Michael Greif will direct and Jerry Mitchell will choreograph a new musical based on the classic Fred Astaire and Ginger Rogers 1936 film "Swing Time." The tuner, titled Never Gonna Dance (the original working title of the movie), will be workshopped in Manhattan Nov. 29-Dec. 1 in preparation for a planned 2002-03 Broadway berth, said Jay Harris, who is producing the show with the Weissberger Theater Group, Ted Hartley and RKO Pictures Corporation.
Harris told Playbill On-Line that he started pursuing the rights to the old RKO film, which boasts a score by Jerome Kern, seven years ago. Jeffrey Hatcher (Work Song, Three Viewings) was taken on as bookwriter a little over two years ago; Greif (Rent) was hired as director in the summer of 2000; and Mitchell (The Full Monty) was enlisted as choreographer six months ago.
Along with "Shall We Dance?," "Swing Time" is considered the best of the Astaire-Rogers dance musicals of the 1930s. George Stevens, who would go on to create "A Place in the Sun" and "Shane," directed. The story concerns John "Lucky" Garnett (Astaire), a hoofer who, in order to prove his worthiness to the father of the girl he wants to marry, goes to the city to earn his fortune. Once there, he meets Penny Carroll, a dancing instructor. They form a successful dancing act and fall in love. But their romance is threatened by the return of Lucky's old girl and the interference of Penny's admirer, the latin band leader Ricardo Romero.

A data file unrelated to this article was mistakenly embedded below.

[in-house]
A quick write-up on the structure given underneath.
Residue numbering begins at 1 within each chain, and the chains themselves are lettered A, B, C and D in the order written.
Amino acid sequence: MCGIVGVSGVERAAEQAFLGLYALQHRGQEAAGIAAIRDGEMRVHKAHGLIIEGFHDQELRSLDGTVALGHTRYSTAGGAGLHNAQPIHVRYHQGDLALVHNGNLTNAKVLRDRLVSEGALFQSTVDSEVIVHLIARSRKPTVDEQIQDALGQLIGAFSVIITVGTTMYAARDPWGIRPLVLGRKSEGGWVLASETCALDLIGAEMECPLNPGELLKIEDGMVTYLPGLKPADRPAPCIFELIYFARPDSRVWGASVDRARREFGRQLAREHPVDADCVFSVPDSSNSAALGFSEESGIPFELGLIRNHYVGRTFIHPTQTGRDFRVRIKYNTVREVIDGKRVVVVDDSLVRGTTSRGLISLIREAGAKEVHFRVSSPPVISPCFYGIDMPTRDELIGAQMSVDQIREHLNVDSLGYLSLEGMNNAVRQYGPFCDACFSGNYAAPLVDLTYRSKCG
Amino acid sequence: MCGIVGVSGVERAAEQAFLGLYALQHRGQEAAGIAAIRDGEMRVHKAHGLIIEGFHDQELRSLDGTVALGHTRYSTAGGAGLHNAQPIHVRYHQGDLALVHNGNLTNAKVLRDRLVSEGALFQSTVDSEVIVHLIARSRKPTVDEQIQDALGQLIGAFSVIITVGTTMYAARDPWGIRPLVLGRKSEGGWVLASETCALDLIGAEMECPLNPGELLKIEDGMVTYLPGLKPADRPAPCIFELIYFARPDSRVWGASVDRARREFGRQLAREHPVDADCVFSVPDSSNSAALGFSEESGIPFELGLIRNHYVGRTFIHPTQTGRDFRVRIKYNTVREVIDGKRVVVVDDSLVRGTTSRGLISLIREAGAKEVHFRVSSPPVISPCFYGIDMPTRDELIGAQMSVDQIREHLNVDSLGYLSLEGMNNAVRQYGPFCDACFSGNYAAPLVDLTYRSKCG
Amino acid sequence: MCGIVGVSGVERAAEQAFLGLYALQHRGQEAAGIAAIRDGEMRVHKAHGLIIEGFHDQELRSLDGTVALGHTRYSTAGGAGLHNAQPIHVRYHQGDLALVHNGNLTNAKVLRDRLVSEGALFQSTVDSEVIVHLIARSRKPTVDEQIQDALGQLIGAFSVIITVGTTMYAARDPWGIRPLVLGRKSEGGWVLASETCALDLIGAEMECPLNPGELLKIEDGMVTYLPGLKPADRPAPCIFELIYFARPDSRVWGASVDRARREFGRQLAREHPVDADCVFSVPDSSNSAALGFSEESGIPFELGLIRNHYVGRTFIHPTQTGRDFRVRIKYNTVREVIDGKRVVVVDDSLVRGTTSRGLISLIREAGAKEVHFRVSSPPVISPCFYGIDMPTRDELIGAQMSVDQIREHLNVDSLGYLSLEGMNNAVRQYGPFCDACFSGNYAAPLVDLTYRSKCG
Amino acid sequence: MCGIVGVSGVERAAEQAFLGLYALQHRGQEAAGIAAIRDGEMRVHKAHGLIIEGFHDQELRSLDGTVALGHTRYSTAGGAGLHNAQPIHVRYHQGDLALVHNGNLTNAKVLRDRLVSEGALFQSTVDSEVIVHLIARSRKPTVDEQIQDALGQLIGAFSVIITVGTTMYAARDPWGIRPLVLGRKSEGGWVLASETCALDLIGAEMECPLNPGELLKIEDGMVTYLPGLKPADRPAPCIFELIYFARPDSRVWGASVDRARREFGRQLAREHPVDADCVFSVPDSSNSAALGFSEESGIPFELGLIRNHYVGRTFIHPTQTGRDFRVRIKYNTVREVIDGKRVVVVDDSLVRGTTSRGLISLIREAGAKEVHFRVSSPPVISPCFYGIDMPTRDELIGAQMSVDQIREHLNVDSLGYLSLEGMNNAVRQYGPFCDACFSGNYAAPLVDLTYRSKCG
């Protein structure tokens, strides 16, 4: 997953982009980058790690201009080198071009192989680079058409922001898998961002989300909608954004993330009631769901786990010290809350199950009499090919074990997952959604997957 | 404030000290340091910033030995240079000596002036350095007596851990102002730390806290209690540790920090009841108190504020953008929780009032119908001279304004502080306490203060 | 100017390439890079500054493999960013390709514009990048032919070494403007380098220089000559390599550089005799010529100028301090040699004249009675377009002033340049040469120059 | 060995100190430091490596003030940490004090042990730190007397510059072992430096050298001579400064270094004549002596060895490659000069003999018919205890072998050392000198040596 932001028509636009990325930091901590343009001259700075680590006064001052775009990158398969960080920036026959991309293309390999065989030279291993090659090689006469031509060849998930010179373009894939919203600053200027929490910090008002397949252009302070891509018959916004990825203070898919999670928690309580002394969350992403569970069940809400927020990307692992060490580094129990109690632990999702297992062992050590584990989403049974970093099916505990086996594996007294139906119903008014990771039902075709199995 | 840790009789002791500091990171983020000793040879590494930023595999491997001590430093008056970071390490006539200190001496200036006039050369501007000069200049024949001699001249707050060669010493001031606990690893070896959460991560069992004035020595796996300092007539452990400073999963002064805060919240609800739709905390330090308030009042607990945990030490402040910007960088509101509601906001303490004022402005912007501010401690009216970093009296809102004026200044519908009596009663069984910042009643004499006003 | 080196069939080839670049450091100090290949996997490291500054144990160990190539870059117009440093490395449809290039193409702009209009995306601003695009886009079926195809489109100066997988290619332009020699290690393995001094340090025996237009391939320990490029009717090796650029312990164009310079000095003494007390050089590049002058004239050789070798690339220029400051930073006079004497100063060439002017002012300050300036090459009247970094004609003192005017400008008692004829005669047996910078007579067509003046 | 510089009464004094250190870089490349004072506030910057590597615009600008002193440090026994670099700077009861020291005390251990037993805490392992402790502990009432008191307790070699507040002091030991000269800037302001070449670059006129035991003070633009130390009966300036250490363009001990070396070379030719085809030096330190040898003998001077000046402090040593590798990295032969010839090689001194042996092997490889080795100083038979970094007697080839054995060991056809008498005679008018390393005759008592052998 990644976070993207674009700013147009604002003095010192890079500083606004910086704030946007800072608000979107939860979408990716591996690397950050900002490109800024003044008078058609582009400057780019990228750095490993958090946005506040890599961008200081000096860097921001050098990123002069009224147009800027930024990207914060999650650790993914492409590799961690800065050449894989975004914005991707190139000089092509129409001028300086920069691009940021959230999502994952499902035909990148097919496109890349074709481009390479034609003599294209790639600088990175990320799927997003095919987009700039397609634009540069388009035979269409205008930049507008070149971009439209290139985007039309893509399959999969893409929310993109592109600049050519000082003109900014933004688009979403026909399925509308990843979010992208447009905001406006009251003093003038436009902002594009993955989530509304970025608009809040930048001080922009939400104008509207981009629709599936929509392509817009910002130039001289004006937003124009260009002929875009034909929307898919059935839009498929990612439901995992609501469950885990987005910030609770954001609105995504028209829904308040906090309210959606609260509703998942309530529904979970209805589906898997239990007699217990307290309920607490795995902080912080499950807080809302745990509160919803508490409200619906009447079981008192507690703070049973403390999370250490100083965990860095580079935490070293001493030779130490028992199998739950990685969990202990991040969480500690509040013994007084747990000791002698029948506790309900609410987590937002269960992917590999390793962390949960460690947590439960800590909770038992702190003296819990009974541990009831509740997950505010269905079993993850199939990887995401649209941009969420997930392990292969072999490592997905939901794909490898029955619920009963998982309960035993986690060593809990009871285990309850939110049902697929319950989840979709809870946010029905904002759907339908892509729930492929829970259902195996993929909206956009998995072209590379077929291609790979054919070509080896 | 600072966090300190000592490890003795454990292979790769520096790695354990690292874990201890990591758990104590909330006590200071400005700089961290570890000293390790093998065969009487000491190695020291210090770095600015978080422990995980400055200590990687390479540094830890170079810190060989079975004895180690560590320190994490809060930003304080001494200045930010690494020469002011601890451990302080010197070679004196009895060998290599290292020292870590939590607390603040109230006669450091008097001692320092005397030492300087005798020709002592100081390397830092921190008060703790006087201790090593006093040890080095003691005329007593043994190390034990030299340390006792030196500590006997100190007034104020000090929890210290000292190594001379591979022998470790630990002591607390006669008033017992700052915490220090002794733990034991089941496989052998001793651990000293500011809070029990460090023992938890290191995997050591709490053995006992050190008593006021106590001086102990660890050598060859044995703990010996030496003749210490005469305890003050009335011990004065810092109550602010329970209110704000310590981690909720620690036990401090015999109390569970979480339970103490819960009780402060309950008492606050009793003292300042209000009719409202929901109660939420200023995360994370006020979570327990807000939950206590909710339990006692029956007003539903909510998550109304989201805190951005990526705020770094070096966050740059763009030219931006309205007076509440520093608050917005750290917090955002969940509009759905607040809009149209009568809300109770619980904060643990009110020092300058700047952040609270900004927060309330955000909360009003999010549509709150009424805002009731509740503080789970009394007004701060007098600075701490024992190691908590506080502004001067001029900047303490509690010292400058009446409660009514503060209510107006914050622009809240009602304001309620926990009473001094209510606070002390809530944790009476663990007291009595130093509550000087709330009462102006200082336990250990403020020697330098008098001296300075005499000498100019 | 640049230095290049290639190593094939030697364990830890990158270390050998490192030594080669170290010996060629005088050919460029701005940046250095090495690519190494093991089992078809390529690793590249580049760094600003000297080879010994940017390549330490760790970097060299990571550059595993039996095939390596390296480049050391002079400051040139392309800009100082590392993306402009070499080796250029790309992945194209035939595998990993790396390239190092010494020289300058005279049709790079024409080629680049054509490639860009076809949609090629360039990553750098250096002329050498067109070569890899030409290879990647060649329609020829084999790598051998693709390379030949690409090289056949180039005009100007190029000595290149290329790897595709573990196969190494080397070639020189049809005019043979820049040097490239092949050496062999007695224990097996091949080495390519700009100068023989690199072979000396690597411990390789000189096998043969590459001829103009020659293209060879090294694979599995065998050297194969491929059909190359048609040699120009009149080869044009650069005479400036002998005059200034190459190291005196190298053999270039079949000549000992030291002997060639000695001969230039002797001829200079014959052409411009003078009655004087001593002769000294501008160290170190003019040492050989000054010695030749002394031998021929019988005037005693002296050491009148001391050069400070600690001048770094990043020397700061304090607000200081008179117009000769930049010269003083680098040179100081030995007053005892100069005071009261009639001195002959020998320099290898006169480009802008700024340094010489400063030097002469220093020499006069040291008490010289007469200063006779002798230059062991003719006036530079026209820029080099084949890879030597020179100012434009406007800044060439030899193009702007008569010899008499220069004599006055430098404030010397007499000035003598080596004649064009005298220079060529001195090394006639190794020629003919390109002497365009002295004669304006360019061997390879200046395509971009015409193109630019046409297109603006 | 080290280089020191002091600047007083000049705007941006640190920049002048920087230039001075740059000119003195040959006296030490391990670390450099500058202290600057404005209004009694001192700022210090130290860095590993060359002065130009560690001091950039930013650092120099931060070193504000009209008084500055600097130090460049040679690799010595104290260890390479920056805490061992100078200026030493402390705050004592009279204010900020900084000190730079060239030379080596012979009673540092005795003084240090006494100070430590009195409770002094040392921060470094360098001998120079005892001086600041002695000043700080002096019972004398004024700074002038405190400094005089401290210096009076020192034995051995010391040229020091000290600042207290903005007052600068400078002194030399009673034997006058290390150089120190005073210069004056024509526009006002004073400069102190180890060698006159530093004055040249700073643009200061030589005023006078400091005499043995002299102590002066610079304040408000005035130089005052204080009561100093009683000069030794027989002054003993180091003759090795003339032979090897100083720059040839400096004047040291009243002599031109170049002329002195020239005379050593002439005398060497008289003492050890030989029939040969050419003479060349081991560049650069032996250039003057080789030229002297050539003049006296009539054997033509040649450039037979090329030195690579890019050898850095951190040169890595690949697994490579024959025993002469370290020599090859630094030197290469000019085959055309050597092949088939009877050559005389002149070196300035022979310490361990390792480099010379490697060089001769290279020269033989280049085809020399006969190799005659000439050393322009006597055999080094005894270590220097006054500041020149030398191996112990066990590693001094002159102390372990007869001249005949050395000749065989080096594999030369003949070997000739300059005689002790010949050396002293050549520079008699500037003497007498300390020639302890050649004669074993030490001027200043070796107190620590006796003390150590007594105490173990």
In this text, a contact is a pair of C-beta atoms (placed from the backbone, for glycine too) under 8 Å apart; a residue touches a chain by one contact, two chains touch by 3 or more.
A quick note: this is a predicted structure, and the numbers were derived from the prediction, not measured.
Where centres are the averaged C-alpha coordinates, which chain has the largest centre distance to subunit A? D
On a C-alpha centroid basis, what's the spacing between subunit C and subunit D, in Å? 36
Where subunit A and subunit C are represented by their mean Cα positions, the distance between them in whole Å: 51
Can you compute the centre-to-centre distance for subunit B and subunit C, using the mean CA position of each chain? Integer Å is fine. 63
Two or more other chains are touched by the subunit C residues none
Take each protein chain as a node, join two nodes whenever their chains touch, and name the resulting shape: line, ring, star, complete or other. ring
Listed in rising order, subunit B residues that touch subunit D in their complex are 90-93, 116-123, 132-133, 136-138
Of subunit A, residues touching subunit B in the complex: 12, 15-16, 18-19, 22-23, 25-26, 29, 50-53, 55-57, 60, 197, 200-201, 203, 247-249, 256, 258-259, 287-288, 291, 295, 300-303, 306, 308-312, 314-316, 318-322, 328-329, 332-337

Never Gonna Dance will use songs from the movie's score—which included "A Fine Romance," "The Way You Look Tonight," "Never Gonna Dance" and "Bojangles of Harlem"—as well as music from other sources. Among those providing lyrics to Kern's tunes are Dorothy Fields, Ira Gershwin, Otto Harbach, Johnny Mercer, Oscar Hammerstein II and P.G. Wodehouse. Other tunes to be used include "I'm Old-Fashioned," "The Song Is You," "I Won't Dance," and "Dearly Beloved."
Mitchell would seem to have the hardest assignment in a show drawn from an Astaire film. Asked whether the choreography would ape Astaire's famous footwork or chart a completely different direction, Harris said the steps would "judiciously suggest the dancing of the '30s, but Mitchell will do his own creations. It certainly will be derivative of Fred Astaire, but derivative of others, too. It will be creatively derivative and creatively creative. Looking at the dancing, I wouldn't be able to tell which step was Fred's and which exactly was Jerry's." The workshop, which will run Nov. 29-Dec. 1, will star Noah Racey in the Astaire role and Nancy Lemenager (Kiss Me, Kate) in the Rogers part. Also in the cast are Peter Bartlett as the owner of Penny's dance studio and David Pittu as bandleader Ricardo.